Irish and UK officials will “iron out” any technical issues that exist around the export of agri-food goods between the two countries, Minister for Agriculture Charlie McConalogue has said.

This comes following a meeting between Minister McConalogue and his UK counterpart, Secretary of State for Environment, Food and Rural Affairs Steve Barclay, on Wednesday.

Minister McConalogue said their officials will work together on any issues that may arise from the export of agricultural goods to prevent complications for Irish exporters.

“I impressed upon him our mutual interest in ensuring that trade in agri-food goods between our two countries functions as effectively as possible, notwithstanding the more complex administrative and control arrangements required as a result of Brexit.

“In this context - and against the background of the introduction this year of enhanced UK controls on agricultural goods entering and transiting Great Britain from the EU - we have agreed that our officials will engage closely to iron out any technical issues that might arise and avoid any unnecessary friction for Irish exporters,” he said.

Bilateral trade

In a statement released after his visit to London, Minister McConalogue highlighted that bilateral trade between the UK and Ireland continues to grow in both directions and was worth €2.4bn a week in 2023.

“The economic ties are extensive, integrated and mutually beneficial. We cannot however take these economic relationships for granted.

“Brexit has demonstrated that we must continue to invest in the bilateral relationship with [the] UK to maximise the benefits for both countries.

“I and the whole Government are fully committed to this and my visit to London yesterday provided opportunities to emphasise that commitment to a range of UK business leaders,” he said.

Northern Ireland Assembly

Minister McConalogue added that both he and Secretary of State Barclay welcomed the restoration of the Northern Ireland Assembly and Executive some two years after their collapse.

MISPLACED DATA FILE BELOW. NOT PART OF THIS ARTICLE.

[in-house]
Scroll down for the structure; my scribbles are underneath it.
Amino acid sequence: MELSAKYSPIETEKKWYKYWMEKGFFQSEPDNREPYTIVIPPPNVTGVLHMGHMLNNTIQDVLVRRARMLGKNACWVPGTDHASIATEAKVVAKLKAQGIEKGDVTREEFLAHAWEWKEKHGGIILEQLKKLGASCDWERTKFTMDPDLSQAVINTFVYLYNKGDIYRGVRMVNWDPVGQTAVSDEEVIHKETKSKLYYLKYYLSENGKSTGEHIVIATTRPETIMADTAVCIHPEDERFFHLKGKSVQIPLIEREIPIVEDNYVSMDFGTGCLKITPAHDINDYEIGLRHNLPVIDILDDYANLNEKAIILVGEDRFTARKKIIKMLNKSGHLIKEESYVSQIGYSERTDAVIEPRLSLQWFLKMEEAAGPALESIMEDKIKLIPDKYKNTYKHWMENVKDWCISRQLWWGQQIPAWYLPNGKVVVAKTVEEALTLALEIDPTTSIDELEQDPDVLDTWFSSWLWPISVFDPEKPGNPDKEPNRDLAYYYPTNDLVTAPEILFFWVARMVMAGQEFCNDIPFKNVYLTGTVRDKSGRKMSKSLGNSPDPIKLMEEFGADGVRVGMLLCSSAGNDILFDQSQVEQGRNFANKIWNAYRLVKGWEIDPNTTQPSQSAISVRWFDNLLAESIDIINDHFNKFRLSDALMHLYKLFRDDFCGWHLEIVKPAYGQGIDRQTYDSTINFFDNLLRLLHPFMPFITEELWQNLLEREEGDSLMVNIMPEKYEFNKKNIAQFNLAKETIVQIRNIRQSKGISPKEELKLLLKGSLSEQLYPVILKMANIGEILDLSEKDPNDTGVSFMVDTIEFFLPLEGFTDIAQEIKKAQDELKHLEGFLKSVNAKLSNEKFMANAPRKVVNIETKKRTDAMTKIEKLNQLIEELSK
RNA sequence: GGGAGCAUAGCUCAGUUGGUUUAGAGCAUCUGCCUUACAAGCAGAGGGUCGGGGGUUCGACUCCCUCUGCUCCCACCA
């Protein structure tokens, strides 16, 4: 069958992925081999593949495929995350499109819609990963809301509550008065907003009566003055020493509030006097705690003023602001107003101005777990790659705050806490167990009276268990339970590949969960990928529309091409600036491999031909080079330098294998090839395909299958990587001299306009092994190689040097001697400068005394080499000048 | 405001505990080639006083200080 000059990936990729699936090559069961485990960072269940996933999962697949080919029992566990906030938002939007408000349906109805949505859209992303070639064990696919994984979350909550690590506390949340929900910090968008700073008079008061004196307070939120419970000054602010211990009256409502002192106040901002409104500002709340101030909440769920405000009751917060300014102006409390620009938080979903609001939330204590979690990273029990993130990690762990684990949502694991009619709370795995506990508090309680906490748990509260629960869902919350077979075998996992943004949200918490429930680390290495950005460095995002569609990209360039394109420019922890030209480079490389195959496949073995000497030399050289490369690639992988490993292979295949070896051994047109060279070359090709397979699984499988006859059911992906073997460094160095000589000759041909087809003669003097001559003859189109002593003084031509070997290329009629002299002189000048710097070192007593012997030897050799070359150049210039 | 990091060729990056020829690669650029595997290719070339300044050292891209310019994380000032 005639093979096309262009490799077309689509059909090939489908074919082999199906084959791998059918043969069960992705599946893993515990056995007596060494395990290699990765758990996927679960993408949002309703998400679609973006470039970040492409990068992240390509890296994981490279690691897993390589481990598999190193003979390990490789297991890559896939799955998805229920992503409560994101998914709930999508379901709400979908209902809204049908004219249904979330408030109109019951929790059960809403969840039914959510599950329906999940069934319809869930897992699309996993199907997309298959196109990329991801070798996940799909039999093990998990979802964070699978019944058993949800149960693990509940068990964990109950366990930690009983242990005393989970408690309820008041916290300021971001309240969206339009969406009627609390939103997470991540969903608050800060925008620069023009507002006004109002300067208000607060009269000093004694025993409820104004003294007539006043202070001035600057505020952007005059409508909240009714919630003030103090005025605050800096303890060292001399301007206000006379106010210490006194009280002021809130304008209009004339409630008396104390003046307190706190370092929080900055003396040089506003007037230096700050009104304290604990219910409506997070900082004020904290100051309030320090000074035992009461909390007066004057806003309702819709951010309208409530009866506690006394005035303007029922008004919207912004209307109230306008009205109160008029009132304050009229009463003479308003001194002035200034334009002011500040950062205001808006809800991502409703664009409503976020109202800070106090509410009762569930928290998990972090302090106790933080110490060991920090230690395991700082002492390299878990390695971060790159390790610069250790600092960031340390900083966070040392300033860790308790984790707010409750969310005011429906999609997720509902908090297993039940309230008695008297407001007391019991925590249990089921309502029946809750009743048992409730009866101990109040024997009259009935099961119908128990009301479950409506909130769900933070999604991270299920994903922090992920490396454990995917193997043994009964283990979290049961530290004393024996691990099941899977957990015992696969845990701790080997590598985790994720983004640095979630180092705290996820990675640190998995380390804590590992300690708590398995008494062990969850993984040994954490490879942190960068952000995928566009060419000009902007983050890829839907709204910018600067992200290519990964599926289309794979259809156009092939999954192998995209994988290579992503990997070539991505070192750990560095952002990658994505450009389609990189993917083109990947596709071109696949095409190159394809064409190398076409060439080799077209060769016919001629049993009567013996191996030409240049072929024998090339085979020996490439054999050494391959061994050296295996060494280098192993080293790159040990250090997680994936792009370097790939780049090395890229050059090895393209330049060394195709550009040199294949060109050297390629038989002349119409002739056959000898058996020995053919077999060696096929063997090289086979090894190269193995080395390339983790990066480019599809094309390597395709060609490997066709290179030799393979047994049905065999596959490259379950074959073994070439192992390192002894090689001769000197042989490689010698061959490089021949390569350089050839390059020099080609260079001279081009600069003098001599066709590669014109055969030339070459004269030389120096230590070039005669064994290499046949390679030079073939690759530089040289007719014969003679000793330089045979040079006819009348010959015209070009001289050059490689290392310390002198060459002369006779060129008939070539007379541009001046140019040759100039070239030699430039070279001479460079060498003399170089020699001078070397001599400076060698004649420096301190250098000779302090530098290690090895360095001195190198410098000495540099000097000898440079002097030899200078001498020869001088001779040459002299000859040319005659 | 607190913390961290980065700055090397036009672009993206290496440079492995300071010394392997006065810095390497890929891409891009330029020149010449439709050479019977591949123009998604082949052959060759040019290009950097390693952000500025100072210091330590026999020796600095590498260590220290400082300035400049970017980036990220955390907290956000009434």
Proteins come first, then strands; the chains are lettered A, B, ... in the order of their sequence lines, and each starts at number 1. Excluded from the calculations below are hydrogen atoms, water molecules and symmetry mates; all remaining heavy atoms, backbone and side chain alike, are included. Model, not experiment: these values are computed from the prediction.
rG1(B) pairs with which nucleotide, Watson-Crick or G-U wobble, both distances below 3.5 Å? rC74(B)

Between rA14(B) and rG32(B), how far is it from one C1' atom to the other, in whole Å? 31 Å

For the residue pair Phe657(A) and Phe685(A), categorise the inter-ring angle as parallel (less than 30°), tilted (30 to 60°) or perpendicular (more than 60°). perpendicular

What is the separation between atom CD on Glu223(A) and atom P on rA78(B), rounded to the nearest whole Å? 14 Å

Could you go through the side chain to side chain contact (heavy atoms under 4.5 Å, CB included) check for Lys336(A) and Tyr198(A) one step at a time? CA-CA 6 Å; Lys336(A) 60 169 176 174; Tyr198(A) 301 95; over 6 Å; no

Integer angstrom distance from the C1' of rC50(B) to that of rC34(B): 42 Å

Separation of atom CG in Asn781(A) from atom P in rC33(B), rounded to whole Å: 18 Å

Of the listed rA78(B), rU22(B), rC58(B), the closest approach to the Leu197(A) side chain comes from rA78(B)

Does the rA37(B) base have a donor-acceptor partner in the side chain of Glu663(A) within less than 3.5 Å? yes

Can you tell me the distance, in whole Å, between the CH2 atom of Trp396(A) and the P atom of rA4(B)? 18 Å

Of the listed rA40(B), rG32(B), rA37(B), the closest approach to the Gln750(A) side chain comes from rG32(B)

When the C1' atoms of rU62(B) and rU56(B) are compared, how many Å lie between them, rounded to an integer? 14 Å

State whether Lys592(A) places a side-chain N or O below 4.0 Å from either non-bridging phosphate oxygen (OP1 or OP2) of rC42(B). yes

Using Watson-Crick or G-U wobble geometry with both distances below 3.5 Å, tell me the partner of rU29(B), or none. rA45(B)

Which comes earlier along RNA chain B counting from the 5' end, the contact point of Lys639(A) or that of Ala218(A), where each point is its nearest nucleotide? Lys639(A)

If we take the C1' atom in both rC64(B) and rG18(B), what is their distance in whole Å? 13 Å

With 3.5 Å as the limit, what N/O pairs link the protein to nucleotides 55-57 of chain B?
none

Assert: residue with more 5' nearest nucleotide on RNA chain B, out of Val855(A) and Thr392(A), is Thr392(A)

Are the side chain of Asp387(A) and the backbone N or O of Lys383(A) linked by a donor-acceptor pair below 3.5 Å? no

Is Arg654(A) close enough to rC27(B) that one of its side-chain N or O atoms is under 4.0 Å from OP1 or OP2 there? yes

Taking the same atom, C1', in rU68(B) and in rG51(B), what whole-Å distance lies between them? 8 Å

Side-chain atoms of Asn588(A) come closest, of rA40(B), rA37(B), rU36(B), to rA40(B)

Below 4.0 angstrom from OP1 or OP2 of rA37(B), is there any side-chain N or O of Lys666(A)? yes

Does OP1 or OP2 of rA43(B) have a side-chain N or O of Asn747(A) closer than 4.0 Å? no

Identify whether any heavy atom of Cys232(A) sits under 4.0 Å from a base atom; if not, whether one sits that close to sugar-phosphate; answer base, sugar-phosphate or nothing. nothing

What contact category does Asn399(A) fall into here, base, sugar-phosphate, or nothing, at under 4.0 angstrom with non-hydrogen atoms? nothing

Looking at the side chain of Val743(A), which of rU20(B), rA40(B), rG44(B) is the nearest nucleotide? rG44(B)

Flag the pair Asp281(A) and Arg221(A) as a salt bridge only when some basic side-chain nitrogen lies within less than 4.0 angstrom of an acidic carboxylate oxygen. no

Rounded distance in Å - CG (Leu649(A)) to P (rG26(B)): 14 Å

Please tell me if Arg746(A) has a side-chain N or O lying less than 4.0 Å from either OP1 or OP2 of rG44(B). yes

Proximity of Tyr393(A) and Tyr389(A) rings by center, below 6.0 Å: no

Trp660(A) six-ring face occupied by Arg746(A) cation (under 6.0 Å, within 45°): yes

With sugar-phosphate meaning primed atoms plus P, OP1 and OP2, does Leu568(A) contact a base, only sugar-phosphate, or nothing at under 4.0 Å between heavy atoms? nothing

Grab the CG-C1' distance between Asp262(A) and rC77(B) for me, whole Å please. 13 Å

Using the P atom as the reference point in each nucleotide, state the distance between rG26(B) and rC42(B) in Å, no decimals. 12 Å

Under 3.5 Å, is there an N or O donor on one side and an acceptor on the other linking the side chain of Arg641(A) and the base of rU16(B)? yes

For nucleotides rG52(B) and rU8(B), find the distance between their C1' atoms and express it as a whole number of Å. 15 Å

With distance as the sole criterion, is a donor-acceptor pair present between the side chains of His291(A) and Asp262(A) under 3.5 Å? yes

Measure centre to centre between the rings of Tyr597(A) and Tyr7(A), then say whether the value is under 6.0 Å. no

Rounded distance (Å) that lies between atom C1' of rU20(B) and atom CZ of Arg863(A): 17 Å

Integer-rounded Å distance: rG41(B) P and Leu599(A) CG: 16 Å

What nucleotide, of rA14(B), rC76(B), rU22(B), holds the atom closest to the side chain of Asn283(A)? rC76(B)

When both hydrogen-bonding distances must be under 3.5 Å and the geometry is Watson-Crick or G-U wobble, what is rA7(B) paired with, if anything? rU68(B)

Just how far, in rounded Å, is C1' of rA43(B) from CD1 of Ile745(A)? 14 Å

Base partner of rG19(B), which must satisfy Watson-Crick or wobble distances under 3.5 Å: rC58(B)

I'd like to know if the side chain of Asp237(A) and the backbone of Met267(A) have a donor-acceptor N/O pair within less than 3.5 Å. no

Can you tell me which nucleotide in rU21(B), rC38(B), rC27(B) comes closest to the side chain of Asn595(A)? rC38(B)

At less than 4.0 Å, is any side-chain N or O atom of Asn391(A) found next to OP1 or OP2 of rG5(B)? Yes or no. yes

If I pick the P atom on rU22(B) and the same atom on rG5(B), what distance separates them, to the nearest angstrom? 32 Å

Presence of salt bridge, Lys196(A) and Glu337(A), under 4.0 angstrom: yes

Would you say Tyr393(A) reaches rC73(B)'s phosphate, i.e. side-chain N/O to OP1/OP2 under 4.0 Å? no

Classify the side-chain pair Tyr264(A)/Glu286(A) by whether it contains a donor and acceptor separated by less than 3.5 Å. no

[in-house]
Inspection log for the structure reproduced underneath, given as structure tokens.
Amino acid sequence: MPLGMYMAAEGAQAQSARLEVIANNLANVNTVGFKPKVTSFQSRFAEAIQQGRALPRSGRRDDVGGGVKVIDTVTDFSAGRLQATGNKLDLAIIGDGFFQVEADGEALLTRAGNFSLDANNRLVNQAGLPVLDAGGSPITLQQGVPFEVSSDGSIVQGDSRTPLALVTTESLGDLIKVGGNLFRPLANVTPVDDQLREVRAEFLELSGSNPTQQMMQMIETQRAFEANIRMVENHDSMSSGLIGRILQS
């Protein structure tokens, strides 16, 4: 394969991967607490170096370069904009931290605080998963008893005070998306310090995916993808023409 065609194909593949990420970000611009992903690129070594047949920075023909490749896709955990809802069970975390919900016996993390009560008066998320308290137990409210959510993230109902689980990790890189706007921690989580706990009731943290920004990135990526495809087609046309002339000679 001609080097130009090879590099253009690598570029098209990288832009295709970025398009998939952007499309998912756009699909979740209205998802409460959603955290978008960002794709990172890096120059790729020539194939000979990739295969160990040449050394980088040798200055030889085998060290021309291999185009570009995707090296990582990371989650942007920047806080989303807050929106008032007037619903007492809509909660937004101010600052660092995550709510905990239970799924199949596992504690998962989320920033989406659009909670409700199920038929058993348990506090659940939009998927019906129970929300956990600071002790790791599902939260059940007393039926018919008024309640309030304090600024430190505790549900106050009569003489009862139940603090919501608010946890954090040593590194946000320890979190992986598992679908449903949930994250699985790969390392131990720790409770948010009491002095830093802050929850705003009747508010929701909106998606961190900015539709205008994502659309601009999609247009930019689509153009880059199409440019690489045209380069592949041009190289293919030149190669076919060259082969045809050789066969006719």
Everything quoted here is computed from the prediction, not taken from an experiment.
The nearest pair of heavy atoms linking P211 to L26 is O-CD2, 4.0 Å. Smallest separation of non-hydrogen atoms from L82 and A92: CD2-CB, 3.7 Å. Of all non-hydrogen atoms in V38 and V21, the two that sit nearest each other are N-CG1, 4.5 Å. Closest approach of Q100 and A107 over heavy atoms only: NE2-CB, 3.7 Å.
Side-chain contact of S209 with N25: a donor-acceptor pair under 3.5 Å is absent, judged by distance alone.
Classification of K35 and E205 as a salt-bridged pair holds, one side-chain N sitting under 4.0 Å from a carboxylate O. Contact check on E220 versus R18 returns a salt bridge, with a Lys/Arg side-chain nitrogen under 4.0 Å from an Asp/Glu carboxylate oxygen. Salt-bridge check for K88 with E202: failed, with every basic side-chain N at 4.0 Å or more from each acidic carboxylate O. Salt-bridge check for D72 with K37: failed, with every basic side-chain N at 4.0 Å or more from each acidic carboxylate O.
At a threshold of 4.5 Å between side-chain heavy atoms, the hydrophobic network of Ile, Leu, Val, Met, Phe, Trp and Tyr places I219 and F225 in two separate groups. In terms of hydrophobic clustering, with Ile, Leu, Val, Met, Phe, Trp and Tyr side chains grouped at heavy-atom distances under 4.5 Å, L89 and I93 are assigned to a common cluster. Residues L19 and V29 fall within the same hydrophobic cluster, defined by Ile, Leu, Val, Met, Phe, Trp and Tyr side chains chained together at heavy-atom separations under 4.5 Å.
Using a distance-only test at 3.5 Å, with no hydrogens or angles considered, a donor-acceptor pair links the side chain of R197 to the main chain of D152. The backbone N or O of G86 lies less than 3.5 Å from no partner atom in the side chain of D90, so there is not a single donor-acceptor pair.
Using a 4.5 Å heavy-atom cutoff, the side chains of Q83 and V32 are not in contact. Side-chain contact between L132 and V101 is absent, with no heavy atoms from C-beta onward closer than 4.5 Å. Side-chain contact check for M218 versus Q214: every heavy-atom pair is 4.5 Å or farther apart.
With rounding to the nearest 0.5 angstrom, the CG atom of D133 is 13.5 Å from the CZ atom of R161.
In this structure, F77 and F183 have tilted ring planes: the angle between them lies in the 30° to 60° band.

Minister McConalogue added that the UK-Ireland relationship is “deeply important” to both countries.

“We are joint stewards of the Good Friday Agreement, close neighbours with unique and diverse community ties, and trading partners who share hugely significant economic and strategic links.

“The restoration of the Northern Ireland institutions was critically important and, of course, the Windsor Framework provides an agreed basis that allows Northern Ireland, as part of the UK internal market, the unique advantage of access to the EU’s single market of nearly 450m people.

“This can be a platform for growth and development in Northern Ireland into the future,” he said.

Ireland-UK agri-food trade facts

  • Total bilateral trade in agri-food goods between the UK and Ireland was valued at €11.65bn in 2023, with Irish exports to the UK worth €6.88bn and UK exports to Ireland worth €4.77bn.
  • The UK is the number one destination for Irish exports of food and drink, representing 38% of total Irish exports in 2023.
  • Ireland is the third largest source of UK imports of food and drink.
  • Ireland is the number one destination for UK exports of food and drink.
  • Overall Ireland-UK trade facts

  • Total bilateral trade in goods and services between Ireland and the UK was worth €122bn, with exports from Ireland to the UK worth €66bn and imports from the UK to Ireland worth €57bn.
  • Services make up 58% of Ireland’s trade with the UK. Some 67% of Ireland’s exports to the UK were services exports, with 33% being goods exports.
  • Ireland was the UK’s fourth-largest export market in 2022, ahead of China (excluding Hong Kong and Macao) and France. The US, Netherlands and Germany were the top three.